FROM the outside looking in, the Invercargill City Council (ICC) appears to be dragging its heels with regard to completing or making decisions on many key projects, some of which have been in the pipeline for several years.
The Southland Express thought it was time to put the spotlight on some of these major projects. We will continue to monitor council’s progress throughout the year.
Chinese Garden, Queens Park
The ICC was developing a Chinese garden in Queens Park in recognition of the relationship between Invercargill and its sister city Suqian, China, since 2017.
The design was scaled back in 2018 after costs escalated.
The Southland Express reported in January 2018, the garden was expected to open by the middle of that year, but so far has not been completed.
So far, landscaping, including lawn establishment, plant bed development and path construction had been largely completed, with the foundations for the moongate under way and a cauldron and Chinese tiles still to be installed.
The revised completion date was now the end of March this year.
Alternative Water Supply
The ICC was investigating establishing a second water supply system for the city in response to the contamination of Havelock North’s drinking water supply in 2016.
At present, Invercargill has a single water supply Branxholme Treatment Plant.
Development of an alternative water supply system for the city was estimated to cost $8 million.
The development of water source into a usable alternative had been planned to be undertaken in 2025 2027.
ICC water manager Alister Murray was unavailable for comment at time of print.
Arts and Creativity Invercargill
In November 2017, the ICC announced a proposal to develop a $16 million arts centre in Esk St West to help rejuvenate the inner city. The centre would incorporate a performance art space, cafe and children’s play area as well as an art gallery to showcase the region’s collections.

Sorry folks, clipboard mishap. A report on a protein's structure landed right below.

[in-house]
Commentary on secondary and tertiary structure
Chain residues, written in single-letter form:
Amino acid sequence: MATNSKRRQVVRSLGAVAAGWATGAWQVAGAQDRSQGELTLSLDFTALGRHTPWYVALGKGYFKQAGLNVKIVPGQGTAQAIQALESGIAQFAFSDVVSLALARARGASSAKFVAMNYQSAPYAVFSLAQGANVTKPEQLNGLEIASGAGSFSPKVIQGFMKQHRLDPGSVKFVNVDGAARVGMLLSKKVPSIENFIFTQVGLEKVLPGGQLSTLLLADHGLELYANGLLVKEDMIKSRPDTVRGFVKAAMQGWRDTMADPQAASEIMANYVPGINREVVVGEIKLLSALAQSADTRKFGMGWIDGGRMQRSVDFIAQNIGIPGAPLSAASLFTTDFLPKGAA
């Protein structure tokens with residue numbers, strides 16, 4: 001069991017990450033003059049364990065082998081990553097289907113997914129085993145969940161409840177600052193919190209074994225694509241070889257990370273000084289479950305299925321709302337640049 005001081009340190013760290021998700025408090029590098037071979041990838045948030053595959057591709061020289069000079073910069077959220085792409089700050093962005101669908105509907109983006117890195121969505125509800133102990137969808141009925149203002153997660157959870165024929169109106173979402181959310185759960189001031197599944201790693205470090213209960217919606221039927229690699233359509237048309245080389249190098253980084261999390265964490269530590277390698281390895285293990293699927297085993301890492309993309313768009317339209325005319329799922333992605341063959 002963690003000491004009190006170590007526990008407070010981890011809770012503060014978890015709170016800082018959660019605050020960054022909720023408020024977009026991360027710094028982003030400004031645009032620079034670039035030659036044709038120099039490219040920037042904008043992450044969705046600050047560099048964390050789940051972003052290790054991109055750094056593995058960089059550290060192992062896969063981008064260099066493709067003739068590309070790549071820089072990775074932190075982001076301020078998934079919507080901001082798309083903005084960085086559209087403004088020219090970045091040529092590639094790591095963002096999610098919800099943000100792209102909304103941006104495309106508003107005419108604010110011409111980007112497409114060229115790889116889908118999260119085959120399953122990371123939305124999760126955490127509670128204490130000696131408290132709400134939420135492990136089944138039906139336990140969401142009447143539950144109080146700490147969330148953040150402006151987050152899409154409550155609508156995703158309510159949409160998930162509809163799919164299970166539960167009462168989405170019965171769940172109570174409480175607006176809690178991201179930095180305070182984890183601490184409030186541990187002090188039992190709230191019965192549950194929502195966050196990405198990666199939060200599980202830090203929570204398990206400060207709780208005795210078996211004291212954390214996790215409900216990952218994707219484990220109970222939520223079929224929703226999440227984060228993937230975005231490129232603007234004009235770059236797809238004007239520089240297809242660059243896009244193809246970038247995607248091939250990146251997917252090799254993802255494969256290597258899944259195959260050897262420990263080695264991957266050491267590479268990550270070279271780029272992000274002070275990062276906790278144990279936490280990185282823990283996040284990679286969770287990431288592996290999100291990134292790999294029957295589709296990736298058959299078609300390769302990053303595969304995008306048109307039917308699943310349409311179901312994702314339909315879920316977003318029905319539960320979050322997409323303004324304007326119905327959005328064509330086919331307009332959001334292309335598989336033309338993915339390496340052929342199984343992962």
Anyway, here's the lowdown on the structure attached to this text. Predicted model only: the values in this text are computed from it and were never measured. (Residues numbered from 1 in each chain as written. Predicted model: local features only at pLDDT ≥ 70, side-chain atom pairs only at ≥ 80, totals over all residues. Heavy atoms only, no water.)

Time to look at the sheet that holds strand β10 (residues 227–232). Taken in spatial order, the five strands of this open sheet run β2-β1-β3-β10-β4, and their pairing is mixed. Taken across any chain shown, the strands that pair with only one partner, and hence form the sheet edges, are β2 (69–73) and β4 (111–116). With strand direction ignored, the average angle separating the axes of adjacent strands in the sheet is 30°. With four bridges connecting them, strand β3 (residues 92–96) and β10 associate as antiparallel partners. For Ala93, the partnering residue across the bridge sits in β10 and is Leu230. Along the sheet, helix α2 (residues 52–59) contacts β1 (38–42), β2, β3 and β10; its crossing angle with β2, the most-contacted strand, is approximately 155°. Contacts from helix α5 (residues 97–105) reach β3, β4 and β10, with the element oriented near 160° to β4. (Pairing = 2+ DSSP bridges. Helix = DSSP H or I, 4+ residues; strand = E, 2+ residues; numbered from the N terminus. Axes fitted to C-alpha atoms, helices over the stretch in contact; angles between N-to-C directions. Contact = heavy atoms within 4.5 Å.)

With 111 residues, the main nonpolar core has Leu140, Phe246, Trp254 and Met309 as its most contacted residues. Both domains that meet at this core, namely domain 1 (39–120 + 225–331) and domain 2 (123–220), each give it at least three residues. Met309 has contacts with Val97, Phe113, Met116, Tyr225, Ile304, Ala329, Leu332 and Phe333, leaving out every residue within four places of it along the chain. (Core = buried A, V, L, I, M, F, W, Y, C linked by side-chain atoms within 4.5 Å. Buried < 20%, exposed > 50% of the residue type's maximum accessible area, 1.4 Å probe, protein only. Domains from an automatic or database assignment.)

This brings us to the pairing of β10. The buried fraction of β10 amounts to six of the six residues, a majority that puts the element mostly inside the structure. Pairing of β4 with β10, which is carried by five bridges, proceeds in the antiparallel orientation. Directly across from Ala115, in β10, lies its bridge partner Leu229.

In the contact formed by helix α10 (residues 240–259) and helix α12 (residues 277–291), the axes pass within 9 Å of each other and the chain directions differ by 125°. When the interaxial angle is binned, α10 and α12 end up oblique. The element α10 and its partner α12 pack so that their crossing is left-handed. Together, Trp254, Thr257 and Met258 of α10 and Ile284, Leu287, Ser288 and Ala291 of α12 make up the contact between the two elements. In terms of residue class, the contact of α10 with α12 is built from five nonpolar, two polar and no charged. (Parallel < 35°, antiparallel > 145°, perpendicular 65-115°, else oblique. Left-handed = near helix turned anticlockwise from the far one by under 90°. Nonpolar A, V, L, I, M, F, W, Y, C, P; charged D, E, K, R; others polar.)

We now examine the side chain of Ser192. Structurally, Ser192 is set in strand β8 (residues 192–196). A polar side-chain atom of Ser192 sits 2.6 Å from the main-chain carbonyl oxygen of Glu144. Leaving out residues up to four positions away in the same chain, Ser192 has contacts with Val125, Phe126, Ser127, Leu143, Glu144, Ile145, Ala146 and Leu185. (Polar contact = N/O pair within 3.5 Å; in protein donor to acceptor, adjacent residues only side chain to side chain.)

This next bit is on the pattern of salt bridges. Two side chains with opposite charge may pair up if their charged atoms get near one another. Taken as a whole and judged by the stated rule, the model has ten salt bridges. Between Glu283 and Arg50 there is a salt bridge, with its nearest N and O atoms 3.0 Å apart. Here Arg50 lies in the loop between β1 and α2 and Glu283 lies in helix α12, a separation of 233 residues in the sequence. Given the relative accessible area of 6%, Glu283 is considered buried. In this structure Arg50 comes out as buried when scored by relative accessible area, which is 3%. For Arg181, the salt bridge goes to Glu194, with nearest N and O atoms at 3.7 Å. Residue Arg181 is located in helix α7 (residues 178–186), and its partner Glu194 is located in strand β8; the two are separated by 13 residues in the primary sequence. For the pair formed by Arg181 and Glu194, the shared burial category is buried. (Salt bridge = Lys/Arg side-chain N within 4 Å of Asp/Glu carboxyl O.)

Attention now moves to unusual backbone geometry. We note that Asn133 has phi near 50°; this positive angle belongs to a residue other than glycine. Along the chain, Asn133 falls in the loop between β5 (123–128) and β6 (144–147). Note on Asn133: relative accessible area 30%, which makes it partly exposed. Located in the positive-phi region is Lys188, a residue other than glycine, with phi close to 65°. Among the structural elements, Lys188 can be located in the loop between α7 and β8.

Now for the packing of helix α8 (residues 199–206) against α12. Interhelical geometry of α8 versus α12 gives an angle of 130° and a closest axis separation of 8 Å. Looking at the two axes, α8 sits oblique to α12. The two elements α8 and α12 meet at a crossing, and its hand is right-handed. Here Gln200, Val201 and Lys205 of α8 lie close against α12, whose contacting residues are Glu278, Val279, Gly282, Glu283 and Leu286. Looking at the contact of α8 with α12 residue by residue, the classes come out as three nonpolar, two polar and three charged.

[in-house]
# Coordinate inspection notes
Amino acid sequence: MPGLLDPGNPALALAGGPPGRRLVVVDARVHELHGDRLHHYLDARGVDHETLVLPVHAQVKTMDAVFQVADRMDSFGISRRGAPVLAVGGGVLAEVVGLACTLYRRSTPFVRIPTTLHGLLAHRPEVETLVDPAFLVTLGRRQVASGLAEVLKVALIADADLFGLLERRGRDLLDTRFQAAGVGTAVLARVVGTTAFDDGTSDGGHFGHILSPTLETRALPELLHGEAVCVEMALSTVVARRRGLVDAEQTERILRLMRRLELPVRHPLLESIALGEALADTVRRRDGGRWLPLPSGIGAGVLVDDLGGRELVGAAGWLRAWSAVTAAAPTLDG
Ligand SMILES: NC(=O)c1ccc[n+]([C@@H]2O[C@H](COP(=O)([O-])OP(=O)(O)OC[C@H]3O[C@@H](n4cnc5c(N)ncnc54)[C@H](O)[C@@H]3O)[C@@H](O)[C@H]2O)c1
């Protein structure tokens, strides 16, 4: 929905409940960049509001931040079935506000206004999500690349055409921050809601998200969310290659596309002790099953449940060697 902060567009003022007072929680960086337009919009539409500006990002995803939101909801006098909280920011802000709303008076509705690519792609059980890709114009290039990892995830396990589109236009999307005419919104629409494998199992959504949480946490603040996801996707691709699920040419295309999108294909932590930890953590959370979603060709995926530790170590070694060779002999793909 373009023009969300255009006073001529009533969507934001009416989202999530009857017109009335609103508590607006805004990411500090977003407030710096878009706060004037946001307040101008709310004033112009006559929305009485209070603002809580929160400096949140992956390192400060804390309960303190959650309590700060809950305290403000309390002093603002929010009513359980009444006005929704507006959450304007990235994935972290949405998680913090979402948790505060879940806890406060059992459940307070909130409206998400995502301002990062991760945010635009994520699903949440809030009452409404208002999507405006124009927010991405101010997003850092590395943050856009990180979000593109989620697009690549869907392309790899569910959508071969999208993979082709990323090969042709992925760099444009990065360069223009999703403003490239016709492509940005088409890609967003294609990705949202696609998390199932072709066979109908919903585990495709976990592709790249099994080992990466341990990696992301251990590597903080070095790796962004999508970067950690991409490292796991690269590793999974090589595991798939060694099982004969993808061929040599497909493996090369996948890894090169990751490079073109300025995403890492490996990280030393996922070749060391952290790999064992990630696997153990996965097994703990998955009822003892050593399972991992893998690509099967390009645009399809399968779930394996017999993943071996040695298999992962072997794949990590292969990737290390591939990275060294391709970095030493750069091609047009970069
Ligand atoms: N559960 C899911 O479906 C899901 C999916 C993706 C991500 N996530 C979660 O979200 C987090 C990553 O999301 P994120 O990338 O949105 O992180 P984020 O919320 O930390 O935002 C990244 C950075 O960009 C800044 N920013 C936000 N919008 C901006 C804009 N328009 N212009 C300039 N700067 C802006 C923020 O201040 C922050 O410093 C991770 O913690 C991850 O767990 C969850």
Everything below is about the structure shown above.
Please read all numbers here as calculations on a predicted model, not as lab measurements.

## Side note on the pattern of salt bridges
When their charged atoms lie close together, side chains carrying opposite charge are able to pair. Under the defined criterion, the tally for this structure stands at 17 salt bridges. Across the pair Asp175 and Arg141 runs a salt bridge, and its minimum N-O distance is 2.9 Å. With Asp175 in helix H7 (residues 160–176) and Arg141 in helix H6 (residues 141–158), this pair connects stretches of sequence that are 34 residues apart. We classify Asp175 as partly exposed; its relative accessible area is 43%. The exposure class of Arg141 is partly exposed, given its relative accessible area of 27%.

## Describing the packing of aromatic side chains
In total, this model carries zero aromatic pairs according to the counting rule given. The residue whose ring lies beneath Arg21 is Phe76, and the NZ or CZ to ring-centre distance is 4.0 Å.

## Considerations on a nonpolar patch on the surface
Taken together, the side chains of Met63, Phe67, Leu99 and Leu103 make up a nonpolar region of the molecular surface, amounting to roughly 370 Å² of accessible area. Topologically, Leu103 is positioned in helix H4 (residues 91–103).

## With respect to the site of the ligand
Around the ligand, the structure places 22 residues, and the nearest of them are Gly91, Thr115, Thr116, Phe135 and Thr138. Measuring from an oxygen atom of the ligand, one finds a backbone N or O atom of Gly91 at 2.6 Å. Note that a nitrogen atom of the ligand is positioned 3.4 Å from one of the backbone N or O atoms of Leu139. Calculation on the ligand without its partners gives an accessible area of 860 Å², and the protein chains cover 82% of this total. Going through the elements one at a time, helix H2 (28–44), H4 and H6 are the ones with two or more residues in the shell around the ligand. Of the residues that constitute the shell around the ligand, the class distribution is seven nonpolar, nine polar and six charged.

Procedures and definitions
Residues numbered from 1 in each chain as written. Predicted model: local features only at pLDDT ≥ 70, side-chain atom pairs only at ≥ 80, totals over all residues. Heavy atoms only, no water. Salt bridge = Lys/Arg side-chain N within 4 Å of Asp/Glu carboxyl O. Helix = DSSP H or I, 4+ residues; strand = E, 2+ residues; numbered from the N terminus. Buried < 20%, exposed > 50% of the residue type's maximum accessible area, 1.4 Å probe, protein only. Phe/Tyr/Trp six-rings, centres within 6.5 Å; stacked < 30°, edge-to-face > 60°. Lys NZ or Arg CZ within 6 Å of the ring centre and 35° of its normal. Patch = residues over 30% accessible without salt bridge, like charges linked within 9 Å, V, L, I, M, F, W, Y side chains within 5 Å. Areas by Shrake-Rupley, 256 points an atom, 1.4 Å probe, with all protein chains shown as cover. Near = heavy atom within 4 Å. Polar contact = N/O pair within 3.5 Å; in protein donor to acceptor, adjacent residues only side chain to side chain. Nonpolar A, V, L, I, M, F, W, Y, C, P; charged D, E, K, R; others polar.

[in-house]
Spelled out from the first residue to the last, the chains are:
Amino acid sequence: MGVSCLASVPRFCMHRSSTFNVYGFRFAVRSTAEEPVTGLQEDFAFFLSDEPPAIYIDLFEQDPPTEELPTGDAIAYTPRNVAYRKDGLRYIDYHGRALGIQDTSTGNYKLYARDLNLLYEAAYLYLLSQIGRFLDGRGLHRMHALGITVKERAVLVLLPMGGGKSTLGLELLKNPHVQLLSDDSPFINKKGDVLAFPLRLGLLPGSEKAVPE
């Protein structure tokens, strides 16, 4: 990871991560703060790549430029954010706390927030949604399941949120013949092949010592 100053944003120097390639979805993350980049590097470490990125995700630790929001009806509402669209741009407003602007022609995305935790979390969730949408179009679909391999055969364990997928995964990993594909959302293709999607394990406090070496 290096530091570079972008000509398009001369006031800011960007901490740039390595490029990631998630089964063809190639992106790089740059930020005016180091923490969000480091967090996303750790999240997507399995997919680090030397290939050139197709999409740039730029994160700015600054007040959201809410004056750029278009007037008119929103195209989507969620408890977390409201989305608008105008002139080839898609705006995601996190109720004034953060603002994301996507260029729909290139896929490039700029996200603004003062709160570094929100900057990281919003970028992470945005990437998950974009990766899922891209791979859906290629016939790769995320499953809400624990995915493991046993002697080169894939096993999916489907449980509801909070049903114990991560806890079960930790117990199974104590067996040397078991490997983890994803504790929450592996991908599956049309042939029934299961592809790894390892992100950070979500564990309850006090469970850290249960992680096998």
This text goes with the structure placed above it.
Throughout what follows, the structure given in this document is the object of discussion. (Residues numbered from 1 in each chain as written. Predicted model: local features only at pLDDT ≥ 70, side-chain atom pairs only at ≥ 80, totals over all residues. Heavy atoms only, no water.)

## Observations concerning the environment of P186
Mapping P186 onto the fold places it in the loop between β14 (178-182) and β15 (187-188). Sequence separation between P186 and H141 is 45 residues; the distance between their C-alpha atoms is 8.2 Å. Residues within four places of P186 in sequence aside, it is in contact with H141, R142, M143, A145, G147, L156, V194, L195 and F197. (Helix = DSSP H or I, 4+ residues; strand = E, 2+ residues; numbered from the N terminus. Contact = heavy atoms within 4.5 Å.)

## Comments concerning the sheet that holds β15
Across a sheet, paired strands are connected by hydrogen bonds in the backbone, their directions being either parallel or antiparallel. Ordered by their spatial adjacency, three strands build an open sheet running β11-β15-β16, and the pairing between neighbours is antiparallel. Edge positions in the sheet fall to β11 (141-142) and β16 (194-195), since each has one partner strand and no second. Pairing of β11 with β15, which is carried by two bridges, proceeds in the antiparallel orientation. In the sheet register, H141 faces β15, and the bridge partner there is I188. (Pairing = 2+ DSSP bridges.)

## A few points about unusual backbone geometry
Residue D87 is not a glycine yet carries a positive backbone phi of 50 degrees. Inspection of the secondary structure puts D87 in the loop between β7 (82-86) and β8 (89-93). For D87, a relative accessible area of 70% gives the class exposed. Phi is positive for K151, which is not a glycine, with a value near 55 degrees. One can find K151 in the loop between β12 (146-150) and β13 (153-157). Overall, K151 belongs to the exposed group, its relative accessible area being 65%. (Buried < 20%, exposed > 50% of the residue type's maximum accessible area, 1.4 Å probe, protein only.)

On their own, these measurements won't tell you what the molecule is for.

Construction had been proposed to begin in 2021/22.
A council spokesperson said the project had been delayed, but still remained in “the near future plans”.
Future steps and timelines for the project would be determined as part of this year’s annual plan process, the spokesperson said.
Splash Palace Aquatic Centre hydroslides
A new hydroslide attraction at Splash Palace Aquatic Centre had been expected to be operational by this month, but the need to redesign the structure’s foundations had delayed the project.
The attraction, which was estimated to cost $2.89 million, would be on the east side of the learner’s pool and incorporate three slides. It would replace the 40-year-old hydroslide on the main pool which had reached the end of its operational life.
Anderson House was closed to the public in January 2014 after it was deemed an earthquake risk.
Following public consultation, councillors approved plans in 2017 to convert the house into a multi-use facility.
In its long-term plan, council agreed to earthquake strengthen Anderson House to 67% NBS (New Building Standard) at a cost of about $1.72 million. So far work has not started.
A council spokesperson said the ICC’s parks team was working with the Anderson House Trust to consider options for its future.
The Invercargill City Council had plans to build a new $5.07 million joint tuatarium and kakapo breeding facility.
The unexpected closure of the Southland Museum & Art Gallery (SMAG) in 2018 resulted in the council deciding to defer the Living Dinosaurs Experience until 2021/22 to align with the museum’s redevelopment.Rugby Park grandstand